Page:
A Systematic Approach to Law Enforcement Safety

Joseph Finch EXECUTIVE SUMMARY The concept of safety in law enforcement is subject to political pressure, poor information, and media and special interest influence. As the work for this thesis began, law enforcement suffered the aftermath of incidents in Ferguson, Missouri; Baltimore; and New York City. Public cries of police militarization exerted pressure on elected

A Model of Creating Inpatient Hospital Surge Capacity through Early Discharge

William Dunne EXECUTIVE SUMMARY Disasters and catastrophic mass casualty incidents continue to occur in the United States and around the globe. These events challenge their communities to preserve life and often require responders to go to extraordinary measure and utilize austere conditions to fight injury, illness, and disease. These communities are often stressed to prioritize

The Oregon Trail: An Exploratory Case Study for Higher Education Emergency Management Programs

Kelly Dunn EXECUTIVE SUMMARY Institutions of higher education (IHEs) are key members of their communities and are considered partners in the Federal Emergency Management Agency’s “whole community” concept.[1] In times of disaster, IHEs often provide shelter, assistance, and resources to their communities. Because disasters begin and end locally, campuses must be prepared and resilient in

DHS Acquisition Workforce: The Threat’s Not Leaving, Why Are You?

Wayne Dumais EXECUTIVE SUMMARY The Department of Homeland Security (DHS) faces a plethora of emerging threats from bad actors who wish to disrupt our American way of life. Frontline DHS operators depend on technology and information systems to accomplish their mission. Technologies must continually evolve to counter the emerging threats, which creates capability gaps. The

Navigating Troubled Waters: How Leaders Can More Effectively Prepare Intelligence Enterprises for the Risks of Intelligence Efforts in Transparent Societies

Jeffrey Dambly EXECUTIVE SUMMARY Intelligence stakeholders increasingly expect intelligence officials to be more transparent in the twenty-first century.[1] Stakeholder support is important because intelligence organizations operate most effectively when they have the support of their respective stakeholders, including legislative bodies who give intelligence organizations their authorities, the courts who often review intelligence activities, the media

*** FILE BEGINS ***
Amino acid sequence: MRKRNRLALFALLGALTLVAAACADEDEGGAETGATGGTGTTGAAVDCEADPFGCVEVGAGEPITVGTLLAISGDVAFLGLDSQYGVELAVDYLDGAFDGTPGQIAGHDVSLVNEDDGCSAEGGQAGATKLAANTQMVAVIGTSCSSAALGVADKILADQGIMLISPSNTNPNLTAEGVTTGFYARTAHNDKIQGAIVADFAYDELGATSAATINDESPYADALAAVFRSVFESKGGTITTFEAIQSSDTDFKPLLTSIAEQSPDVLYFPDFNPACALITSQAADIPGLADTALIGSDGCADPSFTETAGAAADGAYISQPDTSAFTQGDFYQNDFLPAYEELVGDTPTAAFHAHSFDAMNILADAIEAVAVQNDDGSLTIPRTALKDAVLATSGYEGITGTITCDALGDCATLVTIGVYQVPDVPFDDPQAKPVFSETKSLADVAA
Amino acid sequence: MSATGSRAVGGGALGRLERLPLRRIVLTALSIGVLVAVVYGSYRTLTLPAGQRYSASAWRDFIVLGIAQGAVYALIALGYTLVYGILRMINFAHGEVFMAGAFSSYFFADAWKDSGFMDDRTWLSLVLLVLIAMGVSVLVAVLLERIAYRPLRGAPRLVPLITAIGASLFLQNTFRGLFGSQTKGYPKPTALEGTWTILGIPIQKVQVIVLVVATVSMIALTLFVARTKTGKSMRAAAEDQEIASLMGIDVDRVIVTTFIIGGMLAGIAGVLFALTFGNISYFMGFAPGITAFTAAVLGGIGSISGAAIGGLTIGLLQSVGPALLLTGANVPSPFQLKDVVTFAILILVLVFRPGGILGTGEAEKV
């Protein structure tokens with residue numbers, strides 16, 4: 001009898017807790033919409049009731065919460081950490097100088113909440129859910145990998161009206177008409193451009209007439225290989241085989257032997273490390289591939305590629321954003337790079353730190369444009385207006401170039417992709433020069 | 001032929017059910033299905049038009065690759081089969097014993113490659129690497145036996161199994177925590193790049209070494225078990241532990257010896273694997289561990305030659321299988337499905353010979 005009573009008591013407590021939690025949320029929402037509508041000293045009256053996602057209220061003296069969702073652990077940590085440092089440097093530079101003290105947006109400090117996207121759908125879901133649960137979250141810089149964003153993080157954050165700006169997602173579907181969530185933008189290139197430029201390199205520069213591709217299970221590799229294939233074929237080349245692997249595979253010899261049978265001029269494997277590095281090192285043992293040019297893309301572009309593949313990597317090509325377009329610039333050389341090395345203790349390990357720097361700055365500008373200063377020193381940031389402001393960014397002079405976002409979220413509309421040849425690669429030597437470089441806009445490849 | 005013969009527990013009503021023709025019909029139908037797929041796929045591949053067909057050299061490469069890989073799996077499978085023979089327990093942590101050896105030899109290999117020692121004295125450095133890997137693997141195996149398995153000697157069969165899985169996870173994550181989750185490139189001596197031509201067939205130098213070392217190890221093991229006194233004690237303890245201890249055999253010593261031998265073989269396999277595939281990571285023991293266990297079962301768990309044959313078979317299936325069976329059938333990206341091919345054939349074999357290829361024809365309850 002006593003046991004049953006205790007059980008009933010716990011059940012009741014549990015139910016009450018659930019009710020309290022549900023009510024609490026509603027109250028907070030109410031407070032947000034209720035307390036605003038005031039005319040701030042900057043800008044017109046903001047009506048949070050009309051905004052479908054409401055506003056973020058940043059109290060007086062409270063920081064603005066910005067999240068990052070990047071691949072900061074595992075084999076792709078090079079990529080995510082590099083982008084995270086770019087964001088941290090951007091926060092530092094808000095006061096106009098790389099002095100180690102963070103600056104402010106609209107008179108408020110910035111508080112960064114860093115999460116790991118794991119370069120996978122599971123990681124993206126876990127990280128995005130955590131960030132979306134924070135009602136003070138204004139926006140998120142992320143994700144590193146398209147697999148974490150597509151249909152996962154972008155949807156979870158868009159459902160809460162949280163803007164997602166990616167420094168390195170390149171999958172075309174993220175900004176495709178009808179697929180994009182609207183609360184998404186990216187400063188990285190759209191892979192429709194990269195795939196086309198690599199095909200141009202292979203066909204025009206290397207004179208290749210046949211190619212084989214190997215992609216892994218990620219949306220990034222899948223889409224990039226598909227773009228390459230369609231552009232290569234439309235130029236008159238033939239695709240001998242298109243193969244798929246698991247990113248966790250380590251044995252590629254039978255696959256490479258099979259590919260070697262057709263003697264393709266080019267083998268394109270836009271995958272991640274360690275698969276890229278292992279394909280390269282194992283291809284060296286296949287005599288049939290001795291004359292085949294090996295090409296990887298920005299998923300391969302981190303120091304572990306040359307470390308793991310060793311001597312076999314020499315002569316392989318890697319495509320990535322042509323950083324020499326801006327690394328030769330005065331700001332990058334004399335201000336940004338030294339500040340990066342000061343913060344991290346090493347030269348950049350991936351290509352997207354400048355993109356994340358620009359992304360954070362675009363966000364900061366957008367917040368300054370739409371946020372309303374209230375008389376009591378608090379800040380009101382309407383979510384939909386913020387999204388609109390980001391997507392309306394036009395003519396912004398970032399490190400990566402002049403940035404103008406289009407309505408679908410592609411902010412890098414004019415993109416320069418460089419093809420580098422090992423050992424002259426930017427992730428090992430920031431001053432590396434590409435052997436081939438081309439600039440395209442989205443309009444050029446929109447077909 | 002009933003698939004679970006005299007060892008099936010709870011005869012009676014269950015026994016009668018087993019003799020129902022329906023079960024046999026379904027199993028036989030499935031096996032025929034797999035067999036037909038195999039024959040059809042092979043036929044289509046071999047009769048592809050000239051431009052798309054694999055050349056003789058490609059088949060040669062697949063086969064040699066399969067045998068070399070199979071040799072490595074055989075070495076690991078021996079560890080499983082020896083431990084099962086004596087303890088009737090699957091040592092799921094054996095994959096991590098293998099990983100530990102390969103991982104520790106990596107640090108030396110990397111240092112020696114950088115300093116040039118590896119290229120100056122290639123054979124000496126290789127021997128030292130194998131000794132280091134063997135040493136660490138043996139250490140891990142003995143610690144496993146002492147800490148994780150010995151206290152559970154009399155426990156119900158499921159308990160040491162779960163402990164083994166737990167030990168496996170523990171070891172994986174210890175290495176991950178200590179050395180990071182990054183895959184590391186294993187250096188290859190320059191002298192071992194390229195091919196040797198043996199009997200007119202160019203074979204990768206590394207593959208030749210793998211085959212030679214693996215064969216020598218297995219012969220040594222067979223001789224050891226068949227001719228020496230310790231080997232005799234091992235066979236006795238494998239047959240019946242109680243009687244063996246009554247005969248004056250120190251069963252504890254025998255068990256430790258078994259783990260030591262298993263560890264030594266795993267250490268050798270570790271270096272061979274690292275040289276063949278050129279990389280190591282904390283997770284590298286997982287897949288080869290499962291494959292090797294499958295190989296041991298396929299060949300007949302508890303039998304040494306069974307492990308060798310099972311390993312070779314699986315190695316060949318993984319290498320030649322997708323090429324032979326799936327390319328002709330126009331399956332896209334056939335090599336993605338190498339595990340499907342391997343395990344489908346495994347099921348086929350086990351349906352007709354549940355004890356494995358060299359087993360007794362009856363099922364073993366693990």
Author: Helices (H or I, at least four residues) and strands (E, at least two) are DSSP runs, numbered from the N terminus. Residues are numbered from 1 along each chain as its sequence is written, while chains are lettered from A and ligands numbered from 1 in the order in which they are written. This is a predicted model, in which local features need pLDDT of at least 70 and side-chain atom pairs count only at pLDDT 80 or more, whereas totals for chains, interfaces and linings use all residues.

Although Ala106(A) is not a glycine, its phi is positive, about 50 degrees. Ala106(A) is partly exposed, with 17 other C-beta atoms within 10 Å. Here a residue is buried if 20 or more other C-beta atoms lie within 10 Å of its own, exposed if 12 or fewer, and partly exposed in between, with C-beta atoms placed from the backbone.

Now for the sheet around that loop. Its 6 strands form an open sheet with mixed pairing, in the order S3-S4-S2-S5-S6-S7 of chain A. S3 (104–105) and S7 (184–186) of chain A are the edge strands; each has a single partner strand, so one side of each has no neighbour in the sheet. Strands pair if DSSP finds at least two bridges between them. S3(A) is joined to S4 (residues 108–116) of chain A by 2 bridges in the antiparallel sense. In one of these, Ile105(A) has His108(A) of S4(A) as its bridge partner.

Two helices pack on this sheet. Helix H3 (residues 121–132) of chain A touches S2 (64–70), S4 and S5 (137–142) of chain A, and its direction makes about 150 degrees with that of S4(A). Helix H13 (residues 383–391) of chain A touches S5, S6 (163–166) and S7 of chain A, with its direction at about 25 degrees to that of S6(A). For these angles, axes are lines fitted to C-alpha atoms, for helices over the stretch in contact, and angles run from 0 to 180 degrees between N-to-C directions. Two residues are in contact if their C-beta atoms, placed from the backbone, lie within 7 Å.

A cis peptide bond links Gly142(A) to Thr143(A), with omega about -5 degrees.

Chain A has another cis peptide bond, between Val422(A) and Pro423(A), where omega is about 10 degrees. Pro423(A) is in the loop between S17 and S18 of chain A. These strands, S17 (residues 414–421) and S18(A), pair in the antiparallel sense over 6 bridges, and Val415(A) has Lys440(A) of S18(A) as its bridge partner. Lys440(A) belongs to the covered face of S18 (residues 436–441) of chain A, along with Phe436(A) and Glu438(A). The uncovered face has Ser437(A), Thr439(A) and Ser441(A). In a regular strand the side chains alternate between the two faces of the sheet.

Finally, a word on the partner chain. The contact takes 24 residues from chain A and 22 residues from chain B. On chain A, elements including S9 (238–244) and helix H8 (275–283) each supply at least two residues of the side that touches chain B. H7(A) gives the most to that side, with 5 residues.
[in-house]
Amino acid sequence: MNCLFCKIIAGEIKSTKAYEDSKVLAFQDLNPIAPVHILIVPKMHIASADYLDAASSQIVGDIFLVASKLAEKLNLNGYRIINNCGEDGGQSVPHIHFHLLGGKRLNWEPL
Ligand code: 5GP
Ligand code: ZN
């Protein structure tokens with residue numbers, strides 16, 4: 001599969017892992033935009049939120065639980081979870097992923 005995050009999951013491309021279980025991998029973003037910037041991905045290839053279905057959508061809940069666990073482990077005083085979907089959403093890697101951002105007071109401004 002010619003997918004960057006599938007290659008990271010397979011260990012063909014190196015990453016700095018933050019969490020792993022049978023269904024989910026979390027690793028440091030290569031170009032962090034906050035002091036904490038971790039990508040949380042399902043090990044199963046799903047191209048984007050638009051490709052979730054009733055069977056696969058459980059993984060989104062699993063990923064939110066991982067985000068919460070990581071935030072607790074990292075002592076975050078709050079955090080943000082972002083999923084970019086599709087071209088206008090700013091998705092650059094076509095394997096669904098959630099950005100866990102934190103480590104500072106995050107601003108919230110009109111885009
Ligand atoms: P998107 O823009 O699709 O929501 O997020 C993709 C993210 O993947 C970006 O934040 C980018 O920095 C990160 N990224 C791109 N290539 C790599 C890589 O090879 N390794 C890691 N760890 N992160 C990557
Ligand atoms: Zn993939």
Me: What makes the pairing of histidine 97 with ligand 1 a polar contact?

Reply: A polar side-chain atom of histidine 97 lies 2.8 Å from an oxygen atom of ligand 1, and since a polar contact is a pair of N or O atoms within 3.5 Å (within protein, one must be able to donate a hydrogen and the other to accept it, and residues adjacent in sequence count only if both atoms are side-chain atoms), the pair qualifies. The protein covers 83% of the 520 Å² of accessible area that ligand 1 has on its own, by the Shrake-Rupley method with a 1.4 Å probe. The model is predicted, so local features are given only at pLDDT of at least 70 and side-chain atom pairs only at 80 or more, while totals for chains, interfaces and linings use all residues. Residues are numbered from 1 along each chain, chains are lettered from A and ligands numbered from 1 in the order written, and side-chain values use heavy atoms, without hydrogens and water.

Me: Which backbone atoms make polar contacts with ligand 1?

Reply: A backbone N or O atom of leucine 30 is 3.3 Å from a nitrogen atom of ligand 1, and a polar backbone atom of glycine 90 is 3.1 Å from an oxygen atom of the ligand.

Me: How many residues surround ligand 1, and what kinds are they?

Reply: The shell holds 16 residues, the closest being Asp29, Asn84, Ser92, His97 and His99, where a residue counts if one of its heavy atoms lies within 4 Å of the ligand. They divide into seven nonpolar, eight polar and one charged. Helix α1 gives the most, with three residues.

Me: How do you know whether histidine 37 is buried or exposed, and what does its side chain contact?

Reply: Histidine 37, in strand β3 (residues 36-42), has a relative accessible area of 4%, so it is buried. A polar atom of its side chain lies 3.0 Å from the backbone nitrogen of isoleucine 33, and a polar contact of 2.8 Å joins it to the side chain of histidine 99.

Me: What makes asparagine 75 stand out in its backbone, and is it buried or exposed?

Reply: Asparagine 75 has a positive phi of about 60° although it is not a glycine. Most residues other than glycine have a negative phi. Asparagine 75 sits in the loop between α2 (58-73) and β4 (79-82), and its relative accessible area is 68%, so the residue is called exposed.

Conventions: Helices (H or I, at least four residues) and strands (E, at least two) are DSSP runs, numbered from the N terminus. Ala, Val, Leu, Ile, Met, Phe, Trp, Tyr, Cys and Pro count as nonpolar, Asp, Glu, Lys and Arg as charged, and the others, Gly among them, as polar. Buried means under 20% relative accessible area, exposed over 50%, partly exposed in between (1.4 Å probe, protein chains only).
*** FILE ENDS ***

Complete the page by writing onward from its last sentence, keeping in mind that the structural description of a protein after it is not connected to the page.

Facing Reality: Benefits and Challenges of Facial Recognition Technology for the NYPD

Anthony Carter EXECUTIVE SUMMARY Facial recognition technology (FRT) is a biometric technology that—if the New York City Police Department (NYPD) implements it in the New York City subway system—could have significant benefits of preventing violent crime, deterring terrorism, helping investigate past crimes, locating missing persons, providing assistance to individuals with special needs, and integrating with

Civilians on Police Use-of-Force Review Boards: A Delphi Study of Six Police Departments

John Breckenridge EXECUTIVE SUMMARY Civilian involvement in the oversight of law enforcement has been debated for many years. Much of the debate surrounds the citizen complaint process and the extent to which civilian involvement improves the process and outcomes. On one side, law enforcement claims that civilians do not understand what it is like to

Suicide in Law Enforcement: Protecting Those Who Serve

Ray Bernier EXECUTIVE SUMMARY The men and women of law enforcement are the first line of defense for the United States’ homeland security. Their mental wellbeing is essential, as they are required to make life-or-death decisions in the course of protecting the citizens they serve. Yet more than 100 law enforcement professionals take their lives